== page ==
We have also maintained our rapid pace of innovation and remain on track to submit in the fourth quarter, our Investigational New Drug application for FT576. Our iPSC-derived multi-antigen targeting CAR BCMA NK cell product candidate for multiple myeloma and I am pleased to announce that we have successfully completed GMP manufacturer of FT819, the first ever iPSC-derived CAR T-cell therapy as we currently prepare to initiate our landmark Phase 1 clinical trial.
Our off-the-shelf iPSC-derived CAR NK cell product candidate FT596 is the first cellular immunotherapy that incorporates three active anti-tumor modalities, a proprietary CAR that targets CD19, a novel high-affinity, non-cleavable CD16 Fc receptor that enhances antibody-dependent cellular cytotoxicity or ADCC, a potent anti-tumor mechanism by which NK cells recognize, bind and kill antibody coated tumor cells and an IL-15 receptor fusion that augments NK cell activity. Made from a renewable multiplexed engineered clonal master iPS line, FT596 can be mass produced, cryopreserved, stored and made available off-the-shelf for broad patient accessibility.
We are currently conducting a multicenter Phase 1 clinical trial to assess the safety and activity of FT596 as a monotherapy and in combination with CD20-targeted monoclonal antibody therapy for relapsed/refractory B-cell malignancies. In our Phase 1 study, we have observed early indications of clinical activity at the first dose level of 30 million cells. In June, we reported that the second patient at this first dose level achieved a partial response following administration of a single dose of FT596 as a monotherapy for treatment of diffuse large B-cell lymphoma.
Notably, the responding patient had already received eight prior treatment regimens, and was most recently refractory to an ex-vivo expanded, healthy donor-derived peripheral blood NK cell therapy. Importantly, no dose limiting toxicities, no FT596-related serious adverse events, and no events of cytokine release syndrome, neurotoxicity or graft-versus-host disease were reported by investigators.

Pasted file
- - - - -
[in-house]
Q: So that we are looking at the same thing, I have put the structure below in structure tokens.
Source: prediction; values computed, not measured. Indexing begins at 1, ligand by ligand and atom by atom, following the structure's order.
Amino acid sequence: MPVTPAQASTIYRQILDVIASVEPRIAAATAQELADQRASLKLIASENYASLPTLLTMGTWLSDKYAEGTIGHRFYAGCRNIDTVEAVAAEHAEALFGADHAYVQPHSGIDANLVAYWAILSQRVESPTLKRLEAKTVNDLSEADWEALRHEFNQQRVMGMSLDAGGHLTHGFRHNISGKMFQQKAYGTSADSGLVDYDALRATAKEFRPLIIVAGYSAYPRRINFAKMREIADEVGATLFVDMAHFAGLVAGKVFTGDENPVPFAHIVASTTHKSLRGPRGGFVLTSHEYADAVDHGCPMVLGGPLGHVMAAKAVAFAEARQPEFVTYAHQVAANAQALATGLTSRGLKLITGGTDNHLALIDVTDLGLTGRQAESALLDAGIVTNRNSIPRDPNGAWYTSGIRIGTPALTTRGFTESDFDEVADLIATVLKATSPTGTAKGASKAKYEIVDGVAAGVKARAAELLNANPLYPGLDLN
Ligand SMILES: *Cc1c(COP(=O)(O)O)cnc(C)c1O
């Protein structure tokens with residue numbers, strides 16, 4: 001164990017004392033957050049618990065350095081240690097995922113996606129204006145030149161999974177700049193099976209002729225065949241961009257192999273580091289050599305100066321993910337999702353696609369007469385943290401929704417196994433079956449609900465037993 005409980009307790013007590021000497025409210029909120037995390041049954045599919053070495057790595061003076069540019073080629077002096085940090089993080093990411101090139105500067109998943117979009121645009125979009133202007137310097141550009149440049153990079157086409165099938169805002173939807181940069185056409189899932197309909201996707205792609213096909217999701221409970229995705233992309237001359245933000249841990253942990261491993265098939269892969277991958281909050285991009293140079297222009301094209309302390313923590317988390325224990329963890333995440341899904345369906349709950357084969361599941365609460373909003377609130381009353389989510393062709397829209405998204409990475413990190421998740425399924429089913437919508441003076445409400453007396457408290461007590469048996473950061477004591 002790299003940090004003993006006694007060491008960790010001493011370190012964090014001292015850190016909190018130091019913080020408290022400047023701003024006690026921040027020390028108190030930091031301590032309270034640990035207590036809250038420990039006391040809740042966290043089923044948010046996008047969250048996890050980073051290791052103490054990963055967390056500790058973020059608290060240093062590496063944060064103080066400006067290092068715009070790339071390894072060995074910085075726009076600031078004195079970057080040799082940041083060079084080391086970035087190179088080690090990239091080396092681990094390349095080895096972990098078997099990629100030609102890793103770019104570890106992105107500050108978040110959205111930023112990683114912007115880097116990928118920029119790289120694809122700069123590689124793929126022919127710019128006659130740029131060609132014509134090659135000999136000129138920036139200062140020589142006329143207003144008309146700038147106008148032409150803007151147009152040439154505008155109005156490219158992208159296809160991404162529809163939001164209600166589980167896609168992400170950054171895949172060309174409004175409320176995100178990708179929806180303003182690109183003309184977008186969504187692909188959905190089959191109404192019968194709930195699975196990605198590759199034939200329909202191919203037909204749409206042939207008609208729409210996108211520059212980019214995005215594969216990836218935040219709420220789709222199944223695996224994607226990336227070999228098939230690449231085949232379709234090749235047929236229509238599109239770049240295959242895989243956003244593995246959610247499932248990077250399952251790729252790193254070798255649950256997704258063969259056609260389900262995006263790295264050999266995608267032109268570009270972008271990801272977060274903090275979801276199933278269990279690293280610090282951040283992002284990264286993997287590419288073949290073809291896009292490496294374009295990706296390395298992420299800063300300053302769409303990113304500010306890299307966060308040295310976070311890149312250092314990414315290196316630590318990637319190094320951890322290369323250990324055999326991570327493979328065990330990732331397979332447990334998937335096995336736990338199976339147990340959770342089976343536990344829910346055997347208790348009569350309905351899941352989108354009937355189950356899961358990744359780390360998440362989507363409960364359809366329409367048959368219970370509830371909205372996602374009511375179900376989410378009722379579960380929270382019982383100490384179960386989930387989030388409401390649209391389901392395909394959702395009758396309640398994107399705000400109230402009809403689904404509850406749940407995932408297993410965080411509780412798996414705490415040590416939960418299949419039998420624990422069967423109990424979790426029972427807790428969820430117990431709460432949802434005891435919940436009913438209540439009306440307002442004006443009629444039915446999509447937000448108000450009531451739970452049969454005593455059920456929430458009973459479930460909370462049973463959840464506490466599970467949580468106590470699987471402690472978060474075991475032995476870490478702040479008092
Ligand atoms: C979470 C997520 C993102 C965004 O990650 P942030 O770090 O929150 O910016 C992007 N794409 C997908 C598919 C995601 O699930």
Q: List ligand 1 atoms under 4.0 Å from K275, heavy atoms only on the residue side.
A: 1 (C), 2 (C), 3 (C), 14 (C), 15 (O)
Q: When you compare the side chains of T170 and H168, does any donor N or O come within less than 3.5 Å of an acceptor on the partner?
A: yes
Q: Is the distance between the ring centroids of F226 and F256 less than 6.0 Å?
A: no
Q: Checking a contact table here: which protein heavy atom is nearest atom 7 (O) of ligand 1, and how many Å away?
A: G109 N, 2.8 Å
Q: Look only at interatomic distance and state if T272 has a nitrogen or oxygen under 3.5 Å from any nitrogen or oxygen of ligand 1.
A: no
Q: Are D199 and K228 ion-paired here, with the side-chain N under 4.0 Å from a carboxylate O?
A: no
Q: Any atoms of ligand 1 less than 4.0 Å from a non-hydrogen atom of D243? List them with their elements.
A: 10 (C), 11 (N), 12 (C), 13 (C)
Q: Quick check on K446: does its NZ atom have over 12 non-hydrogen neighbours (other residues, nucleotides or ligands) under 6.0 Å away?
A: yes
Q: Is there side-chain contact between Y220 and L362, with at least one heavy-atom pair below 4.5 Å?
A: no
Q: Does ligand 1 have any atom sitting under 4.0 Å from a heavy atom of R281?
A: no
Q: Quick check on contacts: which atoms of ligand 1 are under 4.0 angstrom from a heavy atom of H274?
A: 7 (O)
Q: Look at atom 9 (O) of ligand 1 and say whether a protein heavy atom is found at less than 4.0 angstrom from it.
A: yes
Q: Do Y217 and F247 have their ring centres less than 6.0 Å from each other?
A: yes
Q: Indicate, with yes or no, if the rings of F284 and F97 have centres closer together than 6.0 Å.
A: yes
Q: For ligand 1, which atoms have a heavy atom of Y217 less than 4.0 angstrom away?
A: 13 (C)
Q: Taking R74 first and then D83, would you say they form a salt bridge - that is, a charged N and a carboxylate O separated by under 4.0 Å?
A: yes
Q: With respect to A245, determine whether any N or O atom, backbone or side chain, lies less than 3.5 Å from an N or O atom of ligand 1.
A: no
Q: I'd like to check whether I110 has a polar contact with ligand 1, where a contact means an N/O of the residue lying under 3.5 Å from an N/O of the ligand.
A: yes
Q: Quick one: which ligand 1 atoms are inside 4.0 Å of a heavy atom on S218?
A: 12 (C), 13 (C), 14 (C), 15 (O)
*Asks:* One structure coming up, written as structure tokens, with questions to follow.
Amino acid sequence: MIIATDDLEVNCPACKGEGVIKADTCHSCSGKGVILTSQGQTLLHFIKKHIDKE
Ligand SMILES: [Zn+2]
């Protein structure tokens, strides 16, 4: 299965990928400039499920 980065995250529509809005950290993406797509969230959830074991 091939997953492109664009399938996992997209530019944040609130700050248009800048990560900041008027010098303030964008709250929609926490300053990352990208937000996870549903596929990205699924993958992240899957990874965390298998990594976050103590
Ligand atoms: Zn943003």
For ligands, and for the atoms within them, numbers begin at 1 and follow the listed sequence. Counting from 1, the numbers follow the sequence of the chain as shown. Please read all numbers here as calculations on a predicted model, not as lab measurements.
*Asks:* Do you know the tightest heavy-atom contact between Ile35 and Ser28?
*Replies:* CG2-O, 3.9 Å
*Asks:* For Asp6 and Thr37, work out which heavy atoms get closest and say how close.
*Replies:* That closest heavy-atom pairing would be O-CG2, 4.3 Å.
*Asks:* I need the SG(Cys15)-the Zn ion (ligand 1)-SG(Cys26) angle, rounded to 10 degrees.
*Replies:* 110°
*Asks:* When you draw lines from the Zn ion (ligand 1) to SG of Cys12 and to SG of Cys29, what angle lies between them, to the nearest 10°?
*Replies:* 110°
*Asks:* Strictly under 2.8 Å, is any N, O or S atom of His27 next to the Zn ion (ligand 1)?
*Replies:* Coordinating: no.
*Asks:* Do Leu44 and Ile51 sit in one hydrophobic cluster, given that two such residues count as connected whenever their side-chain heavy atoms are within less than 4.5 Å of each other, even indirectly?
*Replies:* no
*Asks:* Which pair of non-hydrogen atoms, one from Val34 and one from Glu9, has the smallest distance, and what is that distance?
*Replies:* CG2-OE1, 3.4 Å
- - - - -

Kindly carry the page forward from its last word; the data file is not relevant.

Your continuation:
Based on these encouraging clinical observations, we consulted with the FDA, regarding the potential to administer a second treatment cycle to the patient. Following FDA consent, we administered a second treatment cycle of lympho-conditioning, followed by a single dose of FT596 as a monotherapy at the first dose level of 30 million cells.
At the at the 62nd ASH Annual Meeting, we plan to provide a clinical update on this second treatment cycle, where we are especially interested in comparing the patient’s immunological response to the first and second dose of FT596, including tolerability and immunogenicity as well as the pharmacokinetics, safety and anti-tumor activity of the second treatment cycle.
We are encouraged by the early indications of clinical safety and activity of FT596 at the first dose level of 30 million cells. We recognize that the administration of a single dose of 30 million cells is significantly below the dose level of cell therapies that have been historically administered to patients for the treatment of cancer, including donor-derived NK cell therapies as well as CAR T-cell therapies.
Additionally, the durability of partial responses in relapsed refractory DLBCL as seen with autologous CAR19 T-cell therapies is only about two to three months. Therefore, under an amended protocol, we are continuing dose escalation of FT596 as a monotherapy and we are now enrolling patients at the second dose level of 90 million cells with the potential to dose escalate to 300 million cells and 900 million cells.
I’m also pleased to announce that the first patients with relapsed refractory B-cell lymphoma have now been treated with a combination of FT596 and the CD20-targeted monoclonal antibody rituximab at the first dose level of 30 million cells. Since the product candidates’ high-affinity, non-cleavable CD16 Fc receptor is specifically designed to promote ADCC, the combination of FT596 with CD20 targeted monoclonal antibody therapy enables dual antigen targeting of both CD19 and CD20 expressed on cancerous B-cells.